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Video: Fly across Nili Fossae with ESA's Mars Express

Video: Fly across Nili Fossae with ESA's Mars Express
Credit: European Space Agency

Mars's surface is covered in all manner of scratches and scars. Its many marks include the fingernail scratches of Tantalus Fossae, the colossal canyon system of Valles Marineris, the oddly orderly ridges of Angustus Labyrinthus, and the fascinating features captured in today's video release from Mars Express: the cat scratches of Nili Fossae.

Nili Fossae comprises parallel trenches hundreds of meters deep and several hundred kilometers long, stretching out along the eastern edge of a massive impact crater named Isidis Planitia.

This new video features observations from Mars Express's High Resolution Stereo Camera (HRSC). It first flies northwards towards and around these large trenches, showing their fractured, uneven appearance, before turning back to head southwards. It ends by zooming out to a "bird's eye" view, with the landing site of NASA's Perseverance rover, Jezero Crater, visible in the lower-middle part of the final scene. (You can explore this crater further via ESA's interactive map.)

Credit: ESA/DLR/FU Berlin/NASA/MSSS

The trenches of Nili Fossae are actually features known as "graben," which form when the ground sitting between two parallel faults fractures and falls away. As the graben seem to curve around Isidis Planitia, it's likely that they formed as Mars's crust settled following the formation of the crater by an incoming space rock hitting the surface. Similar ruptures—the counterpart to Nili Fossae—are found on the other side of the crater, and named Amenthes Fossae.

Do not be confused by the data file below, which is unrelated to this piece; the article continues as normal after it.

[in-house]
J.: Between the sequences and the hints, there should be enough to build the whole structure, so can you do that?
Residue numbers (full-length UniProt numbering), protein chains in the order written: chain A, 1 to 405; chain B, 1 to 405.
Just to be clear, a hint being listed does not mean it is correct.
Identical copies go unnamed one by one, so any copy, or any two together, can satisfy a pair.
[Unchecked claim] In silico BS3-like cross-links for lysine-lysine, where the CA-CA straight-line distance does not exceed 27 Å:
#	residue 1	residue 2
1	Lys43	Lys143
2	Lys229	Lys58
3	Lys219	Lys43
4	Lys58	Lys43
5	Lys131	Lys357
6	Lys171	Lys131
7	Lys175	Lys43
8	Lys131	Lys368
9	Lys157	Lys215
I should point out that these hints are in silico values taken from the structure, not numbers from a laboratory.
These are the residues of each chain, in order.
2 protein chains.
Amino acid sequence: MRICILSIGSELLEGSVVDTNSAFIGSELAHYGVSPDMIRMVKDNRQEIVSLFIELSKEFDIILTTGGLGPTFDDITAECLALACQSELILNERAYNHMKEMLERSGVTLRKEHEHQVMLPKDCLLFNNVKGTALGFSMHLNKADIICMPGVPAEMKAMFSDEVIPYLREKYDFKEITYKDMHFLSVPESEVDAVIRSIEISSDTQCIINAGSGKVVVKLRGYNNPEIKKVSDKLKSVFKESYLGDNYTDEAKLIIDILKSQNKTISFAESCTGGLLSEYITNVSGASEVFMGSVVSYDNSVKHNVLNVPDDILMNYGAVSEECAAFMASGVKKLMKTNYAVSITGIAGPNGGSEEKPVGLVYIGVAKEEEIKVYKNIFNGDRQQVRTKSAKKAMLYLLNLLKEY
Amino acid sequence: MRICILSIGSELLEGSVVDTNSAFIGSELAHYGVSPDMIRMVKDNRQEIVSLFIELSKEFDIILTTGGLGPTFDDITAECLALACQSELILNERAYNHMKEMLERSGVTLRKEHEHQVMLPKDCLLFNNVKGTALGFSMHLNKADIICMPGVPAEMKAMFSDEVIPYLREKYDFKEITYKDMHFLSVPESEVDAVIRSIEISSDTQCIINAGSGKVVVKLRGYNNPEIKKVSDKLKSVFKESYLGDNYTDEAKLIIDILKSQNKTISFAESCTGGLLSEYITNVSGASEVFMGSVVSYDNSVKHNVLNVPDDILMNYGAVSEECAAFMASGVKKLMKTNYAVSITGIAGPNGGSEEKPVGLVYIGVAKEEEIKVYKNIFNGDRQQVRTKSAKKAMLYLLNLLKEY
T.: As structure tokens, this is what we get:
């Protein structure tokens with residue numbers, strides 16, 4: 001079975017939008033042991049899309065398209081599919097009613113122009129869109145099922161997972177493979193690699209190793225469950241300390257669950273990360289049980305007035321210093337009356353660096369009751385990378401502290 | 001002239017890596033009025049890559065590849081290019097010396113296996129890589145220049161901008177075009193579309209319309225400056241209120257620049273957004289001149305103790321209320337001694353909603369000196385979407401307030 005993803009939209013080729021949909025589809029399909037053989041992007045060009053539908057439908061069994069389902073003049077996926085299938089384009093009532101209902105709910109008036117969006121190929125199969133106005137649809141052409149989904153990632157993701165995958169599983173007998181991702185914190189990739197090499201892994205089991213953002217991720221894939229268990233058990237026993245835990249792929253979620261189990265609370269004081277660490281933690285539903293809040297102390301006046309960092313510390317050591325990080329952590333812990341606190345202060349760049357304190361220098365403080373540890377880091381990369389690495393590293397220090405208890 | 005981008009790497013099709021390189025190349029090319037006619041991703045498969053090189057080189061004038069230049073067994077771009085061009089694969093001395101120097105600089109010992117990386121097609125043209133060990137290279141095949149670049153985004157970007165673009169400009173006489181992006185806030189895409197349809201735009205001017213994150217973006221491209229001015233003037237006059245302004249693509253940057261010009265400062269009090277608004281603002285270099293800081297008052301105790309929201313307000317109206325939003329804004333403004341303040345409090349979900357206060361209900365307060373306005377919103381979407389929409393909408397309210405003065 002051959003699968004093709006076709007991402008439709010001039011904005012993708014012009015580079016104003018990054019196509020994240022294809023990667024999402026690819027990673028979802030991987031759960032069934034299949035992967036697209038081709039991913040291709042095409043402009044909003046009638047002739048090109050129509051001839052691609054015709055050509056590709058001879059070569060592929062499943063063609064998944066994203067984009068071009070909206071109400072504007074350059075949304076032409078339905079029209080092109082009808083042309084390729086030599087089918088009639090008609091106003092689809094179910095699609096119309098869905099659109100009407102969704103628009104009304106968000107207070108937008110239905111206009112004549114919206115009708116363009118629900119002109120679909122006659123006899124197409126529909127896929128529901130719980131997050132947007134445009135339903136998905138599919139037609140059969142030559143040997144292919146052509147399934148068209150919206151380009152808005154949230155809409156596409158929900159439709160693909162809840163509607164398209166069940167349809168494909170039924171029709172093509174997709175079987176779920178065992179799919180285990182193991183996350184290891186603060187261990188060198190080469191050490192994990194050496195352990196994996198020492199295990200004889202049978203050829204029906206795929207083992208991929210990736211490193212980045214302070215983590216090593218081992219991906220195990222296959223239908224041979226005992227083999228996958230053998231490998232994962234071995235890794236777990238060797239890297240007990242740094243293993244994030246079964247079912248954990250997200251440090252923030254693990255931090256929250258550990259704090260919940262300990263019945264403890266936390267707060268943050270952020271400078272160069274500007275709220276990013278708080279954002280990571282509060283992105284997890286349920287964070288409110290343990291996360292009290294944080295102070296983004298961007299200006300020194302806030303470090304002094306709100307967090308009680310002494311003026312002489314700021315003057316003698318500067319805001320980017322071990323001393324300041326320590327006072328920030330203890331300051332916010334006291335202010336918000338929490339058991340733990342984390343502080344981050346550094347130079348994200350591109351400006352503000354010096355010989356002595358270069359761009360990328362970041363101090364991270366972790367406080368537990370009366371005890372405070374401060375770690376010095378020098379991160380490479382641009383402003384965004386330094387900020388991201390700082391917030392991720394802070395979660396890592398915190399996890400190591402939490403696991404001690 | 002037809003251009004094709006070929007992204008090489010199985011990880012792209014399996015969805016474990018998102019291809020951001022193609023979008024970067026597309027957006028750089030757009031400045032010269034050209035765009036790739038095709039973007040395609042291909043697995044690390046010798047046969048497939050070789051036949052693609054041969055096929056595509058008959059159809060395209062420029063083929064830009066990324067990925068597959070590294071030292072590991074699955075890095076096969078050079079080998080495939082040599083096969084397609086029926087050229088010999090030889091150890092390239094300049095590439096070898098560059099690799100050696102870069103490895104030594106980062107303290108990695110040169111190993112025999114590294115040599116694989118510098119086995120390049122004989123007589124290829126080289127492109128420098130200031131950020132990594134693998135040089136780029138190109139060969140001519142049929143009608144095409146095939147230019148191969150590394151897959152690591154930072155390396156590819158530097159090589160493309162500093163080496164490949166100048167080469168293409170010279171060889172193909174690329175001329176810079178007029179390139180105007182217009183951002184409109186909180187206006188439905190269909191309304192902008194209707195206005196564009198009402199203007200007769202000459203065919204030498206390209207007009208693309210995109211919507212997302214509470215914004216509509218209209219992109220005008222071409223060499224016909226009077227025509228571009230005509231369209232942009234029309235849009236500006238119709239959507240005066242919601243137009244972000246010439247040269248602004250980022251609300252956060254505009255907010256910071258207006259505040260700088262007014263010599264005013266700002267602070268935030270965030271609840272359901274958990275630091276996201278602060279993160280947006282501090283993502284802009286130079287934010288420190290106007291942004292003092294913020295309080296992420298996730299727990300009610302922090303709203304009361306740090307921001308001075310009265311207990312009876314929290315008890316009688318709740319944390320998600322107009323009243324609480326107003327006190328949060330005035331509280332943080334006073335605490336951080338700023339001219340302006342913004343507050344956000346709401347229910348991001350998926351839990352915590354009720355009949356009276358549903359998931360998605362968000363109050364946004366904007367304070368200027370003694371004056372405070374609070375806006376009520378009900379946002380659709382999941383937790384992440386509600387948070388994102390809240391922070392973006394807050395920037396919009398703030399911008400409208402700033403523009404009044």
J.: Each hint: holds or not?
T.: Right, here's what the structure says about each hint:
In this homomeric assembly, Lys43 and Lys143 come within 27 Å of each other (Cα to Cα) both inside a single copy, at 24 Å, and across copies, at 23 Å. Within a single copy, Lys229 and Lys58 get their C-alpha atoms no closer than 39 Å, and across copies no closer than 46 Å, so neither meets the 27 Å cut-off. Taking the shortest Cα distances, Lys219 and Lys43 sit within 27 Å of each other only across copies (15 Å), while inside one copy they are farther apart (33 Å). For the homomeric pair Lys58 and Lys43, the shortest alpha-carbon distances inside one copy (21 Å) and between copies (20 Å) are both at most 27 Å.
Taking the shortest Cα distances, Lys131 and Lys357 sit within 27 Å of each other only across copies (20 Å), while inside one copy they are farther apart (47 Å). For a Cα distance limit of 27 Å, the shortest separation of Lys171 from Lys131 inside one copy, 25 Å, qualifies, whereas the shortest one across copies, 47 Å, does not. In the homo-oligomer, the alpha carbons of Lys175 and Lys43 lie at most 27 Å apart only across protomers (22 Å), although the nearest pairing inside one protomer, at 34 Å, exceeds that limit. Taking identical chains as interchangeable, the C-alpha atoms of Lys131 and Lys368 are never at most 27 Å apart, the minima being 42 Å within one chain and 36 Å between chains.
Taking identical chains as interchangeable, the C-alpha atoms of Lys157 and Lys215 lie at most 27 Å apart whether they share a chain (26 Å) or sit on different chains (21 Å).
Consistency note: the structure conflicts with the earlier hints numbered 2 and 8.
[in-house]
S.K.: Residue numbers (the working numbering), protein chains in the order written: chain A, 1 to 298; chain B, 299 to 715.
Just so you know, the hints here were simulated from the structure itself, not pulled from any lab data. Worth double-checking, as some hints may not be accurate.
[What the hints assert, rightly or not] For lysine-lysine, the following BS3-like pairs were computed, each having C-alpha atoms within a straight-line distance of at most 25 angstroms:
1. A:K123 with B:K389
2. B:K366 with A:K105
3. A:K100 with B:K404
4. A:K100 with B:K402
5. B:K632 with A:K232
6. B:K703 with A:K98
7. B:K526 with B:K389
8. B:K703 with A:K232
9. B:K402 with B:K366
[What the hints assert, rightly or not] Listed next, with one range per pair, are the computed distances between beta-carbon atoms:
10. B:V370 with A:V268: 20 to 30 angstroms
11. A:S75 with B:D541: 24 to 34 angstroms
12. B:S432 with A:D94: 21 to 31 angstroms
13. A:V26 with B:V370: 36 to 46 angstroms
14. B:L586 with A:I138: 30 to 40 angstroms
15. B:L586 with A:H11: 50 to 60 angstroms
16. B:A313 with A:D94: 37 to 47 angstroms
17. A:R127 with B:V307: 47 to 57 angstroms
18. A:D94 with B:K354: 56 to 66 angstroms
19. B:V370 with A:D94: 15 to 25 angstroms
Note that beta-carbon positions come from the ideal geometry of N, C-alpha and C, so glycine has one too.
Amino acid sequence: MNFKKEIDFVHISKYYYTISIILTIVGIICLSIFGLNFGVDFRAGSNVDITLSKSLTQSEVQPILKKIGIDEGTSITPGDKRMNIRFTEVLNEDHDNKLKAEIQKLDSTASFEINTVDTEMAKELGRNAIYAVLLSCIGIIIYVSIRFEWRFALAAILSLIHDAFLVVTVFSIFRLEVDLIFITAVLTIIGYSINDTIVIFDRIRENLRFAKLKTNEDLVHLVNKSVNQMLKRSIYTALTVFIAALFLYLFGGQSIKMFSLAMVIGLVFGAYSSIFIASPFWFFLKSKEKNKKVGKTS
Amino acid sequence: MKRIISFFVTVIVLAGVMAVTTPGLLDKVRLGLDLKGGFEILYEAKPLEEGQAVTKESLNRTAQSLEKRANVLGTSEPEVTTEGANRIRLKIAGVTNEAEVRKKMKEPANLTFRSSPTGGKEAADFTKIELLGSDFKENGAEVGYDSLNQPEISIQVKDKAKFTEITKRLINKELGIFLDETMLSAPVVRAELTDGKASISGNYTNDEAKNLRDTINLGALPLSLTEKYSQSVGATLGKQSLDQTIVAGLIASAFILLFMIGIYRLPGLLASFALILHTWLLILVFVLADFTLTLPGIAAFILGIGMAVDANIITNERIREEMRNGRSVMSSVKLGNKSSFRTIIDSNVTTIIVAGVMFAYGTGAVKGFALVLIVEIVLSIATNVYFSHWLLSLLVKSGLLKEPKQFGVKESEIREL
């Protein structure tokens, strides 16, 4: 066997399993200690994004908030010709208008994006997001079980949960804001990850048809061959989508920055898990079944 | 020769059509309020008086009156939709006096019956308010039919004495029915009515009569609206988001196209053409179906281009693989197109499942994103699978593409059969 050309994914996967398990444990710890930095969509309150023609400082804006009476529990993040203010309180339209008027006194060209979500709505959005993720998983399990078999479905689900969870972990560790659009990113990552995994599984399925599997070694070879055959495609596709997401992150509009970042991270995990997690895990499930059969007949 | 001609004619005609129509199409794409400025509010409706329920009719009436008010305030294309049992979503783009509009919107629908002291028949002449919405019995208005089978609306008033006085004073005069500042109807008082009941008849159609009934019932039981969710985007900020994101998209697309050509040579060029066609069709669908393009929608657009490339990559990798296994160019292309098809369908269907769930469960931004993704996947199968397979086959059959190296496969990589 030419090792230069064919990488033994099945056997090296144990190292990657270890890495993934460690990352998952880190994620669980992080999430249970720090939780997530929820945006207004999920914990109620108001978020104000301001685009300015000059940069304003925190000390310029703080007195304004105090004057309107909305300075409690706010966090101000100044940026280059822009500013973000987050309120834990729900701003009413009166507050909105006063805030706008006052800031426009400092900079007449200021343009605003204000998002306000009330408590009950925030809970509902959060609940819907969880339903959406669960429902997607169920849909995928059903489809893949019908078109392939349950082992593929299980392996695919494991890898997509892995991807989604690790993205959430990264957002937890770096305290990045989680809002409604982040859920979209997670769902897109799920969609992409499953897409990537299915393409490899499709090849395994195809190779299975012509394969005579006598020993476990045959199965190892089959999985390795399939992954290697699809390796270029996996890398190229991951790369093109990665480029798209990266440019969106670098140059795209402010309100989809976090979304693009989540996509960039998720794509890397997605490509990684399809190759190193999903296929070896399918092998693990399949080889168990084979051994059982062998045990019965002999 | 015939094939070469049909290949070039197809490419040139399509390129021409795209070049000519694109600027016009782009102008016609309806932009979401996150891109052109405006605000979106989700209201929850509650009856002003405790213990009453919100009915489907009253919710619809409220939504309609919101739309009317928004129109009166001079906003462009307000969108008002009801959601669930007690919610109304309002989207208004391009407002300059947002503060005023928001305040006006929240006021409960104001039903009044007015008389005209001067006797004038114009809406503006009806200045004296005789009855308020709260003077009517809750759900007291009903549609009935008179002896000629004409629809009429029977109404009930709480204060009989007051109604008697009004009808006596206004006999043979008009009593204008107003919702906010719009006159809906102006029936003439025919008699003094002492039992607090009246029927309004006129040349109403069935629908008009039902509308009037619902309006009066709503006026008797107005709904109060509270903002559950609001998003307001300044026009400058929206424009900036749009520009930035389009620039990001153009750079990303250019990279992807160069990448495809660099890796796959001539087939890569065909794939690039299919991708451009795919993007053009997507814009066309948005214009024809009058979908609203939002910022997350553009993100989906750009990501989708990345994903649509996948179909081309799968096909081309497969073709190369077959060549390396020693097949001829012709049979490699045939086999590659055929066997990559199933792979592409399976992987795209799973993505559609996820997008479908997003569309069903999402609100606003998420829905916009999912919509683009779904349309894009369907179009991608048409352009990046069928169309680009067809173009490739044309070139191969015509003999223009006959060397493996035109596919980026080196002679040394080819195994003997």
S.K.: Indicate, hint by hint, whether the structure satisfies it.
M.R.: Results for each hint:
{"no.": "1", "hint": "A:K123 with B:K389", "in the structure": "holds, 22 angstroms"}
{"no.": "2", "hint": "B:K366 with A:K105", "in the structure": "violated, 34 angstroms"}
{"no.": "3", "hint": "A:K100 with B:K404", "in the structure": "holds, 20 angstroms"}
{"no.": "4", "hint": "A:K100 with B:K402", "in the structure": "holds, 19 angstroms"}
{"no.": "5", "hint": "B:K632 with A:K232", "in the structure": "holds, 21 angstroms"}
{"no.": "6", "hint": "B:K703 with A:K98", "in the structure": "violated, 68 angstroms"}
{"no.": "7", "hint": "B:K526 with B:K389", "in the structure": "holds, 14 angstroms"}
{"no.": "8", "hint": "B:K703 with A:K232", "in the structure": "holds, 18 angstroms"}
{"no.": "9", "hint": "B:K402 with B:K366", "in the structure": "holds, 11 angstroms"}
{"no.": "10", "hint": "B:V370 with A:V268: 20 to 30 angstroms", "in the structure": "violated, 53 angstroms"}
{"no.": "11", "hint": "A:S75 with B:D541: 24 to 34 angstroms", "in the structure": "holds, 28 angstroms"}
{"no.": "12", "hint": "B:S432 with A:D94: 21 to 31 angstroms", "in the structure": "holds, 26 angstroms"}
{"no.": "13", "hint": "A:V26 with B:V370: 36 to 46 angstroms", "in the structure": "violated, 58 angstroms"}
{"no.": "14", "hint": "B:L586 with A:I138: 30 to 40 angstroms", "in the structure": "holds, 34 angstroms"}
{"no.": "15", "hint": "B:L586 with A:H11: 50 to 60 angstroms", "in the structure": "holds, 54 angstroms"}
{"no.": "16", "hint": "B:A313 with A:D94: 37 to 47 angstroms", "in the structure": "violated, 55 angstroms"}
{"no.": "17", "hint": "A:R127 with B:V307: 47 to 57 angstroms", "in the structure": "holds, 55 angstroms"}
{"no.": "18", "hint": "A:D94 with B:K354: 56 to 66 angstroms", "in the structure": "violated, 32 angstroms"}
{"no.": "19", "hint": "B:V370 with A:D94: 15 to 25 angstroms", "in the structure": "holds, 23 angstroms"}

Scientists have focused on Nili Fossae in recent years due to the impressive amount and diversity of minerals found in this area, including silicates, carbonates, and clays (many of which were discovered by Mars Express's OMEGA instrument). These minerals form in the presence of water, indicating that this region was very wet in ancient Martian history.

Much of the ground here formed over 3.5 billion years ago, when was abundant across Mars. Scientists believe that water flowed not only across the surface here but also beneath it, forming underground hydrothermal flows that were heated by ancient volcanoes.

Because of what it could tell us about Mars's ancient and water-rich past, Nili Fossae was considered as a possible landing site for NASA's Curiosity rover, before the rover was ultimately sent to Gale Crater in 2012. Another mission, NASA's Perseverance rover, was later sent to land in the nearby Jezero Crater, visible at the end of the video.

Mars Express has visited Nili Fossae before, imaging the region's graben system back in 2014. The mission has orbited the red planet since 2003, imaging Mars's surface, mapping its minerals, studying its tenuous atmosphere, probing beneath its crust, and exploring how various phenomena interact in the Martian environment.

Citation: Video: Fly across Nili Fossae with ESA's Mars Express (2024, May 30) retrieved 15 June 2024 from https://phys.org/news/2024-05-video-fly-nili-fossae-esa.html
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